As EPA has continued to work on the Dioxin Reassessment, people in communities across the country are continuing to be exposed to this highly toxic chemical.

Yet once again, industry is attempting to stall the release of this important report. The American Chemistry Council (ACC) and other industry trade associations are once again pressuring the agency to further delay the release of this important document. Once again they are asking for more review, more certainty, and more delays.  EPA will never satisfy these requests no matter what information you provide, because these groups continue to benefit from an incomplete report that is not finalized.

EPA has a moral and ethical responsibility to make public in final form its best scientific opinion on the health risks posed by exposure to dioxin and dioxin-like compounds. The American public has a right to know about the health consequences of exposure to dioxins, and EPA needs to take steps to protect American families from this unnecessary harmful class of chemicals.”

We’re not in this alone.

A broad coalition of environmental health, environmental justice, labor, Vietnam, women’s groups, and reproductive health organizations has joined this urgent call.

Today, James Hoffa, General President of the International Brotherhood of Teamsters, who represents over 1.4 million workers, sent a letter to Lisa Jackson urging EPA to finalize this report.  The Teamsters represent many workers that are likely exposed to dioxin on the job, as EPA has reported landfill fires are one of the biggest source of dioxin in America.  The letter reads in part:

“Over 32,000 of our members are represented by the Teamsters Solid Waste, Recycling and Related Industries Division.  The Teamsters Union is committed to standing up for the rights of all waste workers.

Waste workers may potentially be exposed to dioxin from landfill fires, the disposal of residual ash generated by incineration, and commercial and industrial sites that were not properly cleaned up.

According to your Agency’s January 5, 2012 report, air releases of dioxin rose 10 percent from 2009-2010, while other releases, such as landfill disposal, increased 18 percent.

These exposures to dioxin, in addition to its presence in our food supply, means that waste workers may face increased risks of high dioxin levels.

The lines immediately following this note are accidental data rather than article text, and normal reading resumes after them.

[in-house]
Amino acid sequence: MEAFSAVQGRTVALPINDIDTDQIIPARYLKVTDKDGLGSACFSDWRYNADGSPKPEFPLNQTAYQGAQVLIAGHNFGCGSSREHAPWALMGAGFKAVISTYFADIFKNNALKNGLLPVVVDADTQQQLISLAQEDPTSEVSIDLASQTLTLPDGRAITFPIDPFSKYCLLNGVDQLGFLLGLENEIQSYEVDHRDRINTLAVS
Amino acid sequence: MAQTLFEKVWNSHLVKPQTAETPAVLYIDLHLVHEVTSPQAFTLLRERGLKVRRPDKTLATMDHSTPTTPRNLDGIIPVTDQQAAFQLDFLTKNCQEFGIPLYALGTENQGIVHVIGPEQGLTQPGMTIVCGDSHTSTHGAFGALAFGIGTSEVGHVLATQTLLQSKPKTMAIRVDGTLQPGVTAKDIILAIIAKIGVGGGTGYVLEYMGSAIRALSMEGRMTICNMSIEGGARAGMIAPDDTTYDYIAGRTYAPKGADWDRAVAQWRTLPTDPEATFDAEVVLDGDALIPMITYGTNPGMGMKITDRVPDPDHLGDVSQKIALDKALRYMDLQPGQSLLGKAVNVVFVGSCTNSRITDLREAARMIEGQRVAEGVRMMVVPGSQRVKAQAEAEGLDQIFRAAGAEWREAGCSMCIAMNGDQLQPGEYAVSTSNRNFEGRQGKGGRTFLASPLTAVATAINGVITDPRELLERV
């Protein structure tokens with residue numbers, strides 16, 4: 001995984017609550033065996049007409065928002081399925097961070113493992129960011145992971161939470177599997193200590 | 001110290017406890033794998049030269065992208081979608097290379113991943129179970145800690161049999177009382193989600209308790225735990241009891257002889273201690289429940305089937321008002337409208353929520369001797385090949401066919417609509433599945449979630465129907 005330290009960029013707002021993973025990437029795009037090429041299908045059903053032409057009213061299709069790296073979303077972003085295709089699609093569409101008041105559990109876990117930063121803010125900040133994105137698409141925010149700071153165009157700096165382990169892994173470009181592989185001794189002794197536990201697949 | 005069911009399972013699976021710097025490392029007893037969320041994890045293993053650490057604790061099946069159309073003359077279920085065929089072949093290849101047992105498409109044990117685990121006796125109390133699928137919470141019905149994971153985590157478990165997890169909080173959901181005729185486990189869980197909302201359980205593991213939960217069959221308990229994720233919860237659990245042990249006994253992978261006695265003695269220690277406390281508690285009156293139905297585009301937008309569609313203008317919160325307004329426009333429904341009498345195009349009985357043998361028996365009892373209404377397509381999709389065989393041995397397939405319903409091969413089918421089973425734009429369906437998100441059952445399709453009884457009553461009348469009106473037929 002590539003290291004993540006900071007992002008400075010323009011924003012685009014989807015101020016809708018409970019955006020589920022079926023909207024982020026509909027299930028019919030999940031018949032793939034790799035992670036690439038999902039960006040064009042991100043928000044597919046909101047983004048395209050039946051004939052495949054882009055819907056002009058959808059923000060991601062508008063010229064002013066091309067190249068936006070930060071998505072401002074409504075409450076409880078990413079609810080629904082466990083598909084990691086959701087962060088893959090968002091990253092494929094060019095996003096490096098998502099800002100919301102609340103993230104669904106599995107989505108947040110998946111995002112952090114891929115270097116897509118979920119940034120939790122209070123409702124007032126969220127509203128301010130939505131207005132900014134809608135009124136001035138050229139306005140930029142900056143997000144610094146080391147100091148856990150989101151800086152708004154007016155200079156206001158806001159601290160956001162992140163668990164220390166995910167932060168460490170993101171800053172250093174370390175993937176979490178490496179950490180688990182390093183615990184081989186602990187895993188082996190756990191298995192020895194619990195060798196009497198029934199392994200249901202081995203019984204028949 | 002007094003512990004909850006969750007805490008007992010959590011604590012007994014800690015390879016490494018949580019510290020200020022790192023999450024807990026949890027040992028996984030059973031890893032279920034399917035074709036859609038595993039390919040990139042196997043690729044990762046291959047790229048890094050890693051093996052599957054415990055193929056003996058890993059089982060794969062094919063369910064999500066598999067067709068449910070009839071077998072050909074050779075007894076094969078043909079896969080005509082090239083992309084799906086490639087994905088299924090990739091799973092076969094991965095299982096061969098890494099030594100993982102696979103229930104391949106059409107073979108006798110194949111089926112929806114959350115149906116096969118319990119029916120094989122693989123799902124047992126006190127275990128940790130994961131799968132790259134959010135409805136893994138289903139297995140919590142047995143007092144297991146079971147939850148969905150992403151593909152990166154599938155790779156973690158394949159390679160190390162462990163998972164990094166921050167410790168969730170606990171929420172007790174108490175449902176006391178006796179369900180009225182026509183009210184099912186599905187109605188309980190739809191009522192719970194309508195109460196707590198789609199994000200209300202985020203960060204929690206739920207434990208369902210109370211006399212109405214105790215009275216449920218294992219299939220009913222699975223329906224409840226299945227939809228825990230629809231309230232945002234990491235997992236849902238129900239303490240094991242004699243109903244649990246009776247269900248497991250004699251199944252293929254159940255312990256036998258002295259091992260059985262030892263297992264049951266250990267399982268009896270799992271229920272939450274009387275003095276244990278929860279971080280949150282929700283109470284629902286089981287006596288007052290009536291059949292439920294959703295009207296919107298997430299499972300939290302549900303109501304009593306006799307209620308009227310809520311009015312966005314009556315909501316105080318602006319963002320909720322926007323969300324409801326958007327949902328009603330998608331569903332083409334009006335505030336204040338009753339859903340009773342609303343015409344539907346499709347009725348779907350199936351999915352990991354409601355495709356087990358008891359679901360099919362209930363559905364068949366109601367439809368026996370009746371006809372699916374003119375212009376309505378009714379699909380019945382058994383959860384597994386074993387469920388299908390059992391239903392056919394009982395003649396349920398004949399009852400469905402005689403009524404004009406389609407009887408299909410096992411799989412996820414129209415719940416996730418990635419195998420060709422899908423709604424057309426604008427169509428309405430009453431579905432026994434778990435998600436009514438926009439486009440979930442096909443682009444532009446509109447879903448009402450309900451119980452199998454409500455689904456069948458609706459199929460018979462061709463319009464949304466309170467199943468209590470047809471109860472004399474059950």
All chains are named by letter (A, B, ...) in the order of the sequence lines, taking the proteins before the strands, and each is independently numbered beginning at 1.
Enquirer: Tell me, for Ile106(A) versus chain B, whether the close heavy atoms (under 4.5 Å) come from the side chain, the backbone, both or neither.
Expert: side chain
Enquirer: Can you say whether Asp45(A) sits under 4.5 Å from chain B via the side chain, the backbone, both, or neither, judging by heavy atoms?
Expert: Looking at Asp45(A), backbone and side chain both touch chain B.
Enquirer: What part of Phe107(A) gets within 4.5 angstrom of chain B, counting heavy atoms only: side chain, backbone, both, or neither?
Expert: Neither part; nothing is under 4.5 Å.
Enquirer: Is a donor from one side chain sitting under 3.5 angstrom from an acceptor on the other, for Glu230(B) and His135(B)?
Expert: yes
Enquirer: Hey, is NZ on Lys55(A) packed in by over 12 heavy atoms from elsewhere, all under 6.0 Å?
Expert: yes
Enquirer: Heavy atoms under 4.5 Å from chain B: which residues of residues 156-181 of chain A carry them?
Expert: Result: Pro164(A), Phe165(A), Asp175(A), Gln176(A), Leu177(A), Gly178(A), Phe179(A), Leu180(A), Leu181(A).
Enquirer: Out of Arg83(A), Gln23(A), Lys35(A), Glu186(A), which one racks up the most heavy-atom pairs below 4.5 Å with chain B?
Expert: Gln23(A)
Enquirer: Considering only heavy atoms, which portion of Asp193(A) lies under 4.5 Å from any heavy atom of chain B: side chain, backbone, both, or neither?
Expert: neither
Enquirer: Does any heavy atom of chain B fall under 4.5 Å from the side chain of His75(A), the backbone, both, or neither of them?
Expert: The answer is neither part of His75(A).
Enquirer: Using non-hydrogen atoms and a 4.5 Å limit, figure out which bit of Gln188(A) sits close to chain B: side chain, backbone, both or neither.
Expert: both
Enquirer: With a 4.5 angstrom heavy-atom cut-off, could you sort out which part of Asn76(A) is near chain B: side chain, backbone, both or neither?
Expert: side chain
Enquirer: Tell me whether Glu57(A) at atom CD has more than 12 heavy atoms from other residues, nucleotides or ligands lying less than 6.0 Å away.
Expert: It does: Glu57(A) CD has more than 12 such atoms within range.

I am pleased that the EPA “is committed to a transparent, scientifically sound process to determine how this chemical impacts Americans’ health” and I respectfully urge you to move expeditiously, past two decades of delay, to guard the health of American workers, families and the public from this unnecessary hazard.”

Last week Rep. Markey (D-MA), Ranking Member of the Natural Resources Committee and senior member of the Energy and Commerce Committee, sent EPA a fantastic letter urging EPA to finalize this dioxin study.  You can read Markey’s letter and press release here. This comes at a time when EPA actually announced dioxin releases increased by 18% from 2009-2010, and dioxin air releases increased by 10%.  Read about it in this story in the Washington Post.

A growing body of organizations have written to EPA Administrator Lisa Jackson the past few weeks urging the agency to act on dioxin.  Other organizations include:

You can join us by signing on to our letter to EPA, which we plan to deliver next week.

Will you join us and stand up to the chemical industry?

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Backyard Talk

What the Chemical Industry Doesn’t Want You To Know!

The American people will panic if they find out there is dangerous levels of dioxin in their food. That’s the argument the chemical and food industries are using to stop the release of the Environmental Protection Agency’s (EPA) scientific report on dioxin.   Really. . . do they really think people will panic rather than take steps to protect their families?  The American people didn’t panic and not place their children in vehicles when they learned that more kids are injured in auto collisions than in any other type of accident. Parents installed safety seats.